RESIDENTS are furious plans for 50 homes in the East End of Glasgow have been given the green light – despite 342 objections.
And people are angry some of the £4.26million development, to be built on derelict land, will be used as homeless units in an area where homeless provision is already higher than average for the city.
Milnbank Housing Association is heading up the development of 38 semi-detached terraced houses and 12 cottage flats to be built on Appin Road and Corsock, Todd and Aitken Streets.
Rosemary Crossan, 39, who lives on nearby Dreghorn Street, is a tenant of Milnbank Housing Association.
She helped organise letters of objections and a petition.
A total of 342 signed up against the development with the councillor for the area, Patricia Chalmers, also objecting to the plan.
Mrs Crossan said: “To say that we’re unhappy is an understatement.
“The homes were supposed to be for existing tenants of Haghill.
“Now we’re being told they’re going to people outwith the area. And as if that’s not a big enough problem, we were told they’re using some of the houses for homeless units.”
The mother of three added: “I live next to a homeless unit and we’ve had all sorts of problems.”
Alan Benson, director of Milnbank Housing Association, confirmed seven of the 50 homes would be given over to people affected by the closure of city council hostels for the homeless. He said the remainder would be used to rehouse Glasgow Housing Association tenants within the ongoing programme of demolitions across the city.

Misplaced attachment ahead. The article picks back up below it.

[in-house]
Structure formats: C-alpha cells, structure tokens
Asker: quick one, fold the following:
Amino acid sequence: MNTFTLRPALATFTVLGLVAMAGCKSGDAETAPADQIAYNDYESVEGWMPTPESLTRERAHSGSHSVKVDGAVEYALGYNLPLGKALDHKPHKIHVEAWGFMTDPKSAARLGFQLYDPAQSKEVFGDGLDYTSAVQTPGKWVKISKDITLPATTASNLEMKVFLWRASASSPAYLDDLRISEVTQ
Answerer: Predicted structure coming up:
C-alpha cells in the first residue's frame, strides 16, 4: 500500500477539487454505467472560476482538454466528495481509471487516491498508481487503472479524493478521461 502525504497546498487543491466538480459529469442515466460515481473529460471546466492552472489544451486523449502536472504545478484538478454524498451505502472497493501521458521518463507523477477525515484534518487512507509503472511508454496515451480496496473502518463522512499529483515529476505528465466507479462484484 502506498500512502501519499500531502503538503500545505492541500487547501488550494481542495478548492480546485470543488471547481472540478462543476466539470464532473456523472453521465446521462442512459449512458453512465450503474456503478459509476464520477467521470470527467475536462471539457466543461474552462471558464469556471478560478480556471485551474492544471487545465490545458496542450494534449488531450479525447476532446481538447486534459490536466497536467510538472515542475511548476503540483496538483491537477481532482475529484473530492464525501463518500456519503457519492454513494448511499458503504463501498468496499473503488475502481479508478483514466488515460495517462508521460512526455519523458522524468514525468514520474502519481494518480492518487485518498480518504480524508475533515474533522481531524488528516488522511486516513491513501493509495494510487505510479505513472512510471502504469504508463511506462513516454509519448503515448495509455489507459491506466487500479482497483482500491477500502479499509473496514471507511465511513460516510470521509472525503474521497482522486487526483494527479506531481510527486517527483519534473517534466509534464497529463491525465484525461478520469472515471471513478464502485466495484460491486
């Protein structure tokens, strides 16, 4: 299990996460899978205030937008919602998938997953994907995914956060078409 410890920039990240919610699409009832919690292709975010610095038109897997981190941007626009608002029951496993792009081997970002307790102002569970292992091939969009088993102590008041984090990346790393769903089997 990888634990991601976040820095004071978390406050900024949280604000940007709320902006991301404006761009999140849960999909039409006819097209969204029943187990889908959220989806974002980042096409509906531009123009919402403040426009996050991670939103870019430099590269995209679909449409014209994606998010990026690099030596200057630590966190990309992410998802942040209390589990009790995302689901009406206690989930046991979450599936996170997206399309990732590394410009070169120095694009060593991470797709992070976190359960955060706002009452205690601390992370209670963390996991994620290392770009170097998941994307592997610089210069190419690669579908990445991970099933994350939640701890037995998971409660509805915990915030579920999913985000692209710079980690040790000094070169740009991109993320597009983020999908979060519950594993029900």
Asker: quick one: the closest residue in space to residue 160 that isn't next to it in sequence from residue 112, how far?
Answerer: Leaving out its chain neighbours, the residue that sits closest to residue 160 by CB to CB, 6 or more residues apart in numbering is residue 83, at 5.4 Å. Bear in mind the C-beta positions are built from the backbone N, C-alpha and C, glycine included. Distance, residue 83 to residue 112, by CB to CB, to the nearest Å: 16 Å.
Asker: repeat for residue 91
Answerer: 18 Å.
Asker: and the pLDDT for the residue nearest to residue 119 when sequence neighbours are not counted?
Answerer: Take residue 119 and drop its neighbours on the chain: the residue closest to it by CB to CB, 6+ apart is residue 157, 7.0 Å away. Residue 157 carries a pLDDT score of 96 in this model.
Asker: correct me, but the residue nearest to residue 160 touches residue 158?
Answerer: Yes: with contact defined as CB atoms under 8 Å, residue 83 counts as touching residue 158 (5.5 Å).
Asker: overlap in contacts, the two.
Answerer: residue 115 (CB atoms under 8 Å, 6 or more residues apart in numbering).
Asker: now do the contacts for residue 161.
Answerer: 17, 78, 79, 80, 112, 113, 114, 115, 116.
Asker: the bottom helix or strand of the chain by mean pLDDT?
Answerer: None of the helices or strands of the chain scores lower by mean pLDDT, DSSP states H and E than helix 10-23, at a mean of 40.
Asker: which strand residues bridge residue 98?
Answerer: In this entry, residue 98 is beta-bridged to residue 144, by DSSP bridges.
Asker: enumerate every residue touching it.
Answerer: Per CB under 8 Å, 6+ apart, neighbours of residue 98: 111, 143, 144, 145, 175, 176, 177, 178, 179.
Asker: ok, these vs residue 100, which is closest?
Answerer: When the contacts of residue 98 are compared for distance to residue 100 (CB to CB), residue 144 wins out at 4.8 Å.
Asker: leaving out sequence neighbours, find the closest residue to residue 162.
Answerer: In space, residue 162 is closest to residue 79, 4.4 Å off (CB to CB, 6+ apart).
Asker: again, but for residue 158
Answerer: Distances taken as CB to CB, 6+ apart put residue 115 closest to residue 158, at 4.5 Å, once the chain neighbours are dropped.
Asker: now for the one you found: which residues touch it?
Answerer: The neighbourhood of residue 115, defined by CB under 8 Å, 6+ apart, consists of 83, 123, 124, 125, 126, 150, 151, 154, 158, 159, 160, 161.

Michelle Collins, 23, also a Milnbank tenant on Dreghorn Street, said the planning committee which gave the homes the go-ahead had treated objectors with contempt.
The mother of one said: “We feel we’ve been treated with total contempt by these elected councillors.
“Our own homes are falling to pieces and we have to put up with this – it’s a disgrace.”
Planning committee convener Robert MacBean said: “I understand there may be local concern about who will be living in the homes when they are built.
“However the planning committee is not in charge of who moves in.
“There was no conflict with the proposed development and the council’s planning policy or its housing strategy.
“Councillor Chalmers wanted a site visit but this would have been difficult to fit in before the elections and we decided to make a determination on the day rather than putting it off.”